The Kerala government and a powerful temple management board have decided not to file review petitions challenging last week’s Supreme Court verdict allowing the entry of women of all ages to the Sabarimala hill shrine.
On Tuesday, around 25,000 women who do not want a change in the temple traditions had held a protest march in Pandalam town that was once the kingdom that governed the Lord Ayyappa temple.
Chief minister Pinarayi Vijayan told a media conference in Thiruvananthapuram on Wednesday that the state government had no option but to implement the apex court order.
“This is a country that follows the rule of law. When the Supreme Court orders something, we can only take necessary steps to make sure it is implemented,” said Vijayan, whose Left Democratic Front government had initially opposed the plea in the Supreme Court to allow the entry of women of all ages to the Sabarimala temple but later changed its stance and supported it.
Since legend has it that Ayyappa is a “perpetual celibate”, the temple had traditionally barred the entry of women in the menstruating age group of 10 to 50 years.
Vijayan said women of all ages would be able to enter the temple from the annual pilgrimage season that begins in November. “All facilities will be ready for women to exercise their right, starting from Mandala puja (from November 17),” he said.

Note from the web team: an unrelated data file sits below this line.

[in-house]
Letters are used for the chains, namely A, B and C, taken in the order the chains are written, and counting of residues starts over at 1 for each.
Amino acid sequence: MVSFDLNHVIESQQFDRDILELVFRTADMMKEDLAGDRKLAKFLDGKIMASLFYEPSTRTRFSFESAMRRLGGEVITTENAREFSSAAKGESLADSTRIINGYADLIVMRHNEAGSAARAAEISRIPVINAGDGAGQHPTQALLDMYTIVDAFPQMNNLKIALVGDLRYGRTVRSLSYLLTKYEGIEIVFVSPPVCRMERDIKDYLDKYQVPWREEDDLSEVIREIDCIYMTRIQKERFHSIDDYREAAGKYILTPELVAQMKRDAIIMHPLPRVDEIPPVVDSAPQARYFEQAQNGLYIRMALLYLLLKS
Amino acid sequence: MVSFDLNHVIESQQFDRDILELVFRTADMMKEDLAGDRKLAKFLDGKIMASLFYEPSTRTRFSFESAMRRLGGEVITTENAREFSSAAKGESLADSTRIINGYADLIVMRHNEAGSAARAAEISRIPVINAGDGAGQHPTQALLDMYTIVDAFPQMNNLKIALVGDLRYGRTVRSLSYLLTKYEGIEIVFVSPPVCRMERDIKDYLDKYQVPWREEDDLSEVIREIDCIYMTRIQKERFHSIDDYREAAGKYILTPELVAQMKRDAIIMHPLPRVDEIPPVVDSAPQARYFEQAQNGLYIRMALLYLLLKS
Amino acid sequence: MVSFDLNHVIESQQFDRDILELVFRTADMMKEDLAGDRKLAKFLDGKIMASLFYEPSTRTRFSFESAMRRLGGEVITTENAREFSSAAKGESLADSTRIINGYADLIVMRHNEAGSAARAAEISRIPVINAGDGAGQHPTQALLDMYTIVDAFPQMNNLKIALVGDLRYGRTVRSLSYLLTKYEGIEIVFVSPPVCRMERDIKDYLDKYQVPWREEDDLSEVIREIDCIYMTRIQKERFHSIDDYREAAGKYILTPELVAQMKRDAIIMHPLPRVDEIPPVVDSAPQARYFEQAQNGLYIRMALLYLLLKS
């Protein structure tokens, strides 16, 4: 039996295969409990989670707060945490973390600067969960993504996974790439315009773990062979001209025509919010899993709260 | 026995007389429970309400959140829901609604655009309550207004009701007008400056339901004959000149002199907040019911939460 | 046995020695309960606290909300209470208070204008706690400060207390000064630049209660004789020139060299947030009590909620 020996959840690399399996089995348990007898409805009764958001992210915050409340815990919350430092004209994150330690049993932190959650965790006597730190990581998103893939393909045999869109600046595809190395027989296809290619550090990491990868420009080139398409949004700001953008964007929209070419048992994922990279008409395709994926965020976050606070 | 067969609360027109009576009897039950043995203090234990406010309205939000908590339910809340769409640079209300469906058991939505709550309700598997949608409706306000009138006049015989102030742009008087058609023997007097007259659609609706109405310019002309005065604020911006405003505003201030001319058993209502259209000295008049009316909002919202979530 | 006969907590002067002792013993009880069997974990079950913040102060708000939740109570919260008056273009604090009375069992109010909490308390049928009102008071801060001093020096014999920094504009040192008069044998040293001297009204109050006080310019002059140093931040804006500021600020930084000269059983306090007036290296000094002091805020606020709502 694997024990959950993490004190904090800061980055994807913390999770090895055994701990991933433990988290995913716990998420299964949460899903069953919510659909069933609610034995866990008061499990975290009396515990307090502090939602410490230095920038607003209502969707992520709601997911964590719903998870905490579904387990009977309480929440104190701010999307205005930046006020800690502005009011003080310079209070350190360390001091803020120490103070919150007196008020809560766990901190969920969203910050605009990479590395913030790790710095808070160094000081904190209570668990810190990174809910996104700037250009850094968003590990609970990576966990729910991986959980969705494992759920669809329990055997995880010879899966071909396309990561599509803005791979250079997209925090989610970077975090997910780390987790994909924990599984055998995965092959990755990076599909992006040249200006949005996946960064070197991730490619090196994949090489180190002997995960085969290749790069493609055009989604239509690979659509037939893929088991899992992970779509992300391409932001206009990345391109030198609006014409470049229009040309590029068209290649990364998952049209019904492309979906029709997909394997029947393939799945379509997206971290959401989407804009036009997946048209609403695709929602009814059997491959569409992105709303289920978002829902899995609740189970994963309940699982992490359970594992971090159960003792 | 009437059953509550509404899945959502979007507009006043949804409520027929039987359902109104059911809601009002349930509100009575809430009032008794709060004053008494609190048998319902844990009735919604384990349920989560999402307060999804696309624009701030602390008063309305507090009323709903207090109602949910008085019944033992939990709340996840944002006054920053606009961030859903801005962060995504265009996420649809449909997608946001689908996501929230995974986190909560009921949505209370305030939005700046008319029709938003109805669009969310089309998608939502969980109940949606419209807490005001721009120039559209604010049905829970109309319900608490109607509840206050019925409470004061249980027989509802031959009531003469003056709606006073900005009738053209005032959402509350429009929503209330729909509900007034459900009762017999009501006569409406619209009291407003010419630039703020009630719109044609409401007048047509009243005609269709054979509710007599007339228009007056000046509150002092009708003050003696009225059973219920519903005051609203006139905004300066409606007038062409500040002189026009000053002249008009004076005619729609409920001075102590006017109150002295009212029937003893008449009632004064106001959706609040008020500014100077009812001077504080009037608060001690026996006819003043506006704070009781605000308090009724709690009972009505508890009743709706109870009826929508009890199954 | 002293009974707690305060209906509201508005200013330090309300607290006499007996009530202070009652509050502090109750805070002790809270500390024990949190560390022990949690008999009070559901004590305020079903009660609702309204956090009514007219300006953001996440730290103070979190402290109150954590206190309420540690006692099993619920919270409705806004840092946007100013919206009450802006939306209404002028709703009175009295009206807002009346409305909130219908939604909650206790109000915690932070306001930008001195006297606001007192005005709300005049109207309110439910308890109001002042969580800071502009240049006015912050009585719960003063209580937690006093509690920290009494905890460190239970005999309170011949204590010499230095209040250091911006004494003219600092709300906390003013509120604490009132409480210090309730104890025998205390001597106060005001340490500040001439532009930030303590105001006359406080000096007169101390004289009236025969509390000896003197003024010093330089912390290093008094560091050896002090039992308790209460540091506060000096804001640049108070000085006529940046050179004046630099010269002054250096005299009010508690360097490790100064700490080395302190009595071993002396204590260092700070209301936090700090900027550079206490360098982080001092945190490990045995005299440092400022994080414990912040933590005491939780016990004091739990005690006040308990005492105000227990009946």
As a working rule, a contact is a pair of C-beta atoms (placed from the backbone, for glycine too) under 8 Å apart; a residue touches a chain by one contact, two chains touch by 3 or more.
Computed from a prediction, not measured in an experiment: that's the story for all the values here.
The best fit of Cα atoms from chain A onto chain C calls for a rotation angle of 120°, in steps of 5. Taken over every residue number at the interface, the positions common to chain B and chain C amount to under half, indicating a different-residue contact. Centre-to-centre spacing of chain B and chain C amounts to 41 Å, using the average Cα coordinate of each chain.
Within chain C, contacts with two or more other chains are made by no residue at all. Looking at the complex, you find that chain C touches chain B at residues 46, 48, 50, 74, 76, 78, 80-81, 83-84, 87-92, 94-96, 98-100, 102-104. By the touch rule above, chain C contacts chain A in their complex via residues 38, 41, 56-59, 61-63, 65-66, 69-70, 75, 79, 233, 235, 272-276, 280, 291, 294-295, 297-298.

But the surprise came from the Travancore Devaswom Board (TDB), which governs temples in southern Kerala. Changing its stand, the board on Wednesday decided not to file a review petition. Although the TDB is an autonomous body, the Kerala government makes appointments to it.
TDB president A. Padmakumar told reporters: “The Devaswom board has decided to implement the Supreme Court order.”
Padmakumar had been the first to float the idea of a review petition after the Supreme Court judgment on September 28. Sources said he was “disciplined” by the chief minister at a meeting on Tuesday for taking a stand without consulting the government.
Padmakumar told Wednesday’s media conference about the “futility” of filing a review petition in a case that the apex court had discussed threadbare. “The five-member bench has taken a decision after due process. So the TDB is under the impression that there is no point in filing a review petition.”
The turnaround was immediately criticised by Pandalam Palace, the former custodian of the Sabarimala temple. P.G. Sasikumar Varma, president of the Pandalam Palace Managing Committee, expressed disappointment. “We had expected the TDB to file a review plea.”
He reminded Padmakumar of his oath of office to protect Hindu temples and their rituals. “While ministers take oath on the Constitution while being sworn in, the TDB president reads out an oath to protect all the rituals and systems of the temples under his governance,” Varma said.
The leader of the Opposition, Ramesh Chennithala of the Congress, met Varma in Pandalam in the evening and offered all support to the cause.
Thousands of devotees had marched in Pandalam town on Tuesday evening against changing the temple’s traditions.
Deepa Varma, a member of the Pandalam Palace Organising Committee, told The Telegraph on Wednesday that the march was “spontaneous”, not organised.
“We just wanted a few people to express their grief at the court verdict that would now allow women of all ages into the Sabarimala temple. While we expected around 2,000 women, more than 25,000 gathered at the town,” Deepa said.